Looking for a four-door ragtop that will last forever, can go off-road and you don’t have to worry about putting the top up when it rains, the quirky Volkswagen Type 181 ticks all those boxes and more.
The Beetle had already proven itself as a competent off-roader, down in Africa it was the first two-wheel drive vehicle to conquer the iconic Sani Pass back in 1956, but there was scope for improvement.
In the mid-sixties, the German army was looking for a new set of wheels, they could have ordered a fleet of Jeeps but were too proud to do that.
Civilian customers were looking for a vehicle that was better suited to bad roads than the Beetle and the popularity of VW based dune buggies in the USA made Volkswagen dealers think that a durable, fun, off-road vehicle was needed in the line-up. An updated Kubelwagen was proposed and Volkswagen executives agreed.
The Type 181 was a perfect fit for both military and civilian applications and required a minimal amount of development time and effort.
The Volkswagen Type 181, as it is officially known, is a two-wheel drive, four-door, convertible that was sold between 1968 and 1983. It was given various names in the markets where it was sold, including the Courier car in West Germany, The Trekker in the United Kingdom and the Thing in the United States, Mexico and Indonesia.
Like the World War 2 Type 82 Kubelwagen, the Type 181 used the same layout as the rest of the Volkswagen family, with a flat chassis, manual transmission and a flat-four engine mounted in the rear.
The wide, reinforced floor pan was similar to that of a Karmann Ghia convertible, but built more ruggedly to endure off-road punishment and was fitted with heavy duty Transporter drivetrain parts, including reduction boxes, effectively dropping the gear ratios to make it more suitable for off-road driving. A 1.6 litre aircooled engine, fitted with a single carburettor was borrowed from the Beetle of that era.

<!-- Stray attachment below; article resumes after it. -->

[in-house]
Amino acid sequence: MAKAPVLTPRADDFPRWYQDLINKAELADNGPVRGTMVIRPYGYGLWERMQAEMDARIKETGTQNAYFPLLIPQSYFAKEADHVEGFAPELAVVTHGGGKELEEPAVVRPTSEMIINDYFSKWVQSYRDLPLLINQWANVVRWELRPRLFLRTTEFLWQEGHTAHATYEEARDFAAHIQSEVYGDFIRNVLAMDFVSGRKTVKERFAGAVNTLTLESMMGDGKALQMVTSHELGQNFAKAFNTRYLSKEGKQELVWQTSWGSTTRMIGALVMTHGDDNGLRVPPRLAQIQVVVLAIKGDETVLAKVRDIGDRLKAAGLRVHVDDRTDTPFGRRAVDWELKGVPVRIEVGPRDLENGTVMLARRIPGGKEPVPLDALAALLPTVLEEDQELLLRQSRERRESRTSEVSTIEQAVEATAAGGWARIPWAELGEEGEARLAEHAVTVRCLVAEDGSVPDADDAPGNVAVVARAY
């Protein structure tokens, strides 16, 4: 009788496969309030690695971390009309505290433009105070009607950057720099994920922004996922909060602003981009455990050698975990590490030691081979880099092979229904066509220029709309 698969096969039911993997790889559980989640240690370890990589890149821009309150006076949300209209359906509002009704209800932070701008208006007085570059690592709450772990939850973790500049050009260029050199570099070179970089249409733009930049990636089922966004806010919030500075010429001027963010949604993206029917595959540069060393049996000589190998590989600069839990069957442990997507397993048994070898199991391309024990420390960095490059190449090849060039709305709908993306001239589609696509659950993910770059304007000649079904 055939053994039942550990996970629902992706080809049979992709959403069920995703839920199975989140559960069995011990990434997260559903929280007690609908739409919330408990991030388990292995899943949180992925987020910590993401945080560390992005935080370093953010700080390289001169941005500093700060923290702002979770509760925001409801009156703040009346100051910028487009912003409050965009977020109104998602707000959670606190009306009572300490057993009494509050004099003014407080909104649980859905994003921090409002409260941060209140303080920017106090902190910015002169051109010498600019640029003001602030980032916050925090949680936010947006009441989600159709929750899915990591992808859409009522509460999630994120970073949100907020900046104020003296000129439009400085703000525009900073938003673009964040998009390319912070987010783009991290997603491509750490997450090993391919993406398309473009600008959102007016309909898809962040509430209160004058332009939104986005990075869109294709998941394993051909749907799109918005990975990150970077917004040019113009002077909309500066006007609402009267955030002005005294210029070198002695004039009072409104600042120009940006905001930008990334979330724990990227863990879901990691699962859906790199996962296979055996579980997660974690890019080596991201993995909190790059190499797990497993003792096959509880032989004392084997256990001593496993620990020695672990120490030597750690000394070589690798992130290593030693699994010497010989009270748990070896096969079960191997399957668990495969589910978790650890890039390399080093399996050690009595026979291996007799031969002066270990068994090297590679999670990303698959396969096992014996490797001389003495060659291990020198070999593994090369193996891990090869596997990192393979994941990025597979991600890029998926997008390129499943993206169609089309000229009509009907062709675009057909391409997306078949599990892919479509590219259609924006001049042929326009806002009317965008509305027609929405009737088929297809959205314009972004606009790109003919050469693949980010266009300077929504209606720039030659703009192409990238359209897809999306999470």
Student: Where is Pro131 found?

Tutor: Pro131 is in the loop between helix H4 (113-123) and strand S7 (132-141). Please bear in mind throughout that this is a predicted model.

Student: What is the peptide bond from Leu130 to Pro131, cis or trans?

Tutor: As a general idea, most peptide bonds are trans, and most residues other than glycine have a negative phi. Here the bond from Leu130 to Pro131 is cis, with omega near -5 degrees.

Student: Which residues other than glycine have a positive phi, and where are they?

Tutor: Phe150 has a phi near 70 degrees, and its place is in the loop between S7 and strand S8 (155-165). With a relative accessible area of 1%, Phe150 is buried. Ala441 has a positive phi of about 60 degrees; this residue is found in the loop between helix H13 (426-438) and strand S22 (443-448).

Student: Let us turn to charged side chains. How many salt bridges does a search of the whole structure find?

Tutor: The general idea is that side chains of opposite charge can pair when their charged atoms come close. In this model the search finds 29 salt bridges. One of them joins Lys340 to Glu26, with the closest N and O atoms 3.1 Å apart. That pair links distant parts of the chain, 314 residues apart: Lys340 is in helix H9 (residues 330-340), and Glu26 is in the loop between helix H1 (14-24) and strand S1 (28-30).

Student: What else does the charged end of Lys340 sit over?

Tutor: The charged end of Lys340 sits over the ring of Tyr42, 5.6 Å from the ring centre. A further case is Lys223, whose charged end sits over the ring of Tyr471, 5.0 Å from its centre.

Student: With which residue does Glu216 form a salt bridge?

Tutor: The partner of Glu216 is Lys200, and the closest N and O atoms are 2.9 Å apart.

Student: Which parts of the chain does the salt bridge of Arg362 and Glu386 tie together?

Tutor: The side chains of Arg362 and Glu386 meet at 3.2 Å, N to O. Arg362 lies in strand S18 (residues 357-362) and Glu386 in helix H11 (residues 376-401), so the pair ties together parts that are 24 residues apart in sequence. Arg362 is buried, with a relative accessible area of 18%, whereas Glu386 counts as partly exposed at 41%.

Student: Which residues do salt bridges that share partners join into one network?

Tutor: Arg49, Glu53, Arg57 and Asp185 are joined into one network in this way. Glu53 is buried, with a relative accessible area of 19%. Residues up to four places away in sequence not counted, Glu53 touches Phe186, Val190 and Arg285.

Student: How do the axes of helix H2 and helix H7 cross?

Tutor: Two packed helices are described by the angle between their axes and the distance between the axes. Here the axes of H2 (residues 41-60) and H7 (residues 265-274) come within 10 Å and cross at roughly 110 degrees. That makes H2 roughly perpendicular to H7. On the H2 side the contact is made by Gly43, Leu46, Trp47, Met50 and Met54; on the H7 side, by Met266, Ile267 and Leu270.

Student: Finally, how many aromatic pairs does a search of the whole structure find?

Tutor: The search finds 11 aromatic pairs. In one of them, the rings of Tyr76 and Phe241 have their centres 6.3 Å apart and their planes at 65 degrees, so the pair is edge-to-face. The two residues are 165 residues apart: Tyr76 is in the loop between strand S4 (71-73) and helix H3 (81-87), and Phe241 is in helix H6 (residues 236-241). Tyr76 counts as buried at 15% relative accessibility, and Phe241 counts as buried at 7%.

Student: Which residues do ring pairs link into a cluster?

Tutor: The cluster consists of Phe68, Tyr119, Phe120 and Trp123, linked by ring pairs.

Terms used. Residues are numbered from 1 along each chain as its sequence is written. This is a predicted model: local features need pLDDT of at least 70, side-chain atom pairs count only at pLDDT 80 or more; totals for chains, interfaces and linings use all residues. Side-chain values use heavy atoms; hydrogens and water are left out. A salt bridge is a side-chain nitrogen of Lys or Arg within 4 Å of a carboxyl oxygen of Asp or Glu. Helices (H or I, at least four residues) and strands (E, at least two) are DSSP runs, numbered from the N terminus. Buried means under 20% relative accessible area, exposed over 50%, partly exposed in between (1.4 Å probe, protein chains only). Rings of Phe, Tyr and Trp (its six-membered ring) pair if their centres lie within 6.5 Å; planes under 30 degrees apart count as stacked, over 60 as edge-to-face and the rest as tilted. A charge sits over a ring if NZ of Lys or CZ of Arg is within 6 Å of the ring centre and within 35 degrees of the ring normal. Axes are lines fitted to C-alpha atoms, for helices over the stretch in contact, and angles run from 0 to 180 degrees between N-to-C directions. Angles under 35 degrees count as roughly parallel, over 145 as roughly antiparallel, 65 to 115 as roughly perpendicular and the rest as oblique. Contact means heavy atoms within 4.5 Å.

The styling put function first, with bolt on fenders and simple flat body panels with strengthening ribs. The interchangeable doors were easily removed and refitted while the windshield frame could be folded forward onto the hood. Inclement weather was kept at bay by a standard vinyl soft top and removable side curtains.
The interior was purely utilitarian, apart from a small padded dash, the four-spoke steering wheel and vinyl-upholstered seats, interior surfaces were painted body colour. The only instrumentation was a round speedometer with an inset fuel gauge. With no insulation and carpeting, the floors were covered with perforated rubber mats to allow water to escape through drainage holes. These features make it perfect for open top adventuring and easy clean up.
Although it was never officially sold in South Africa, a small number were brought into the country by our defence force to gauge their feasibility and then made their way into private hands. The Thing is perfect for South Africa and their rarity mean that they are now highly sought after by aircooled Volkswagen collectors.
Text: Reuben van Niekerk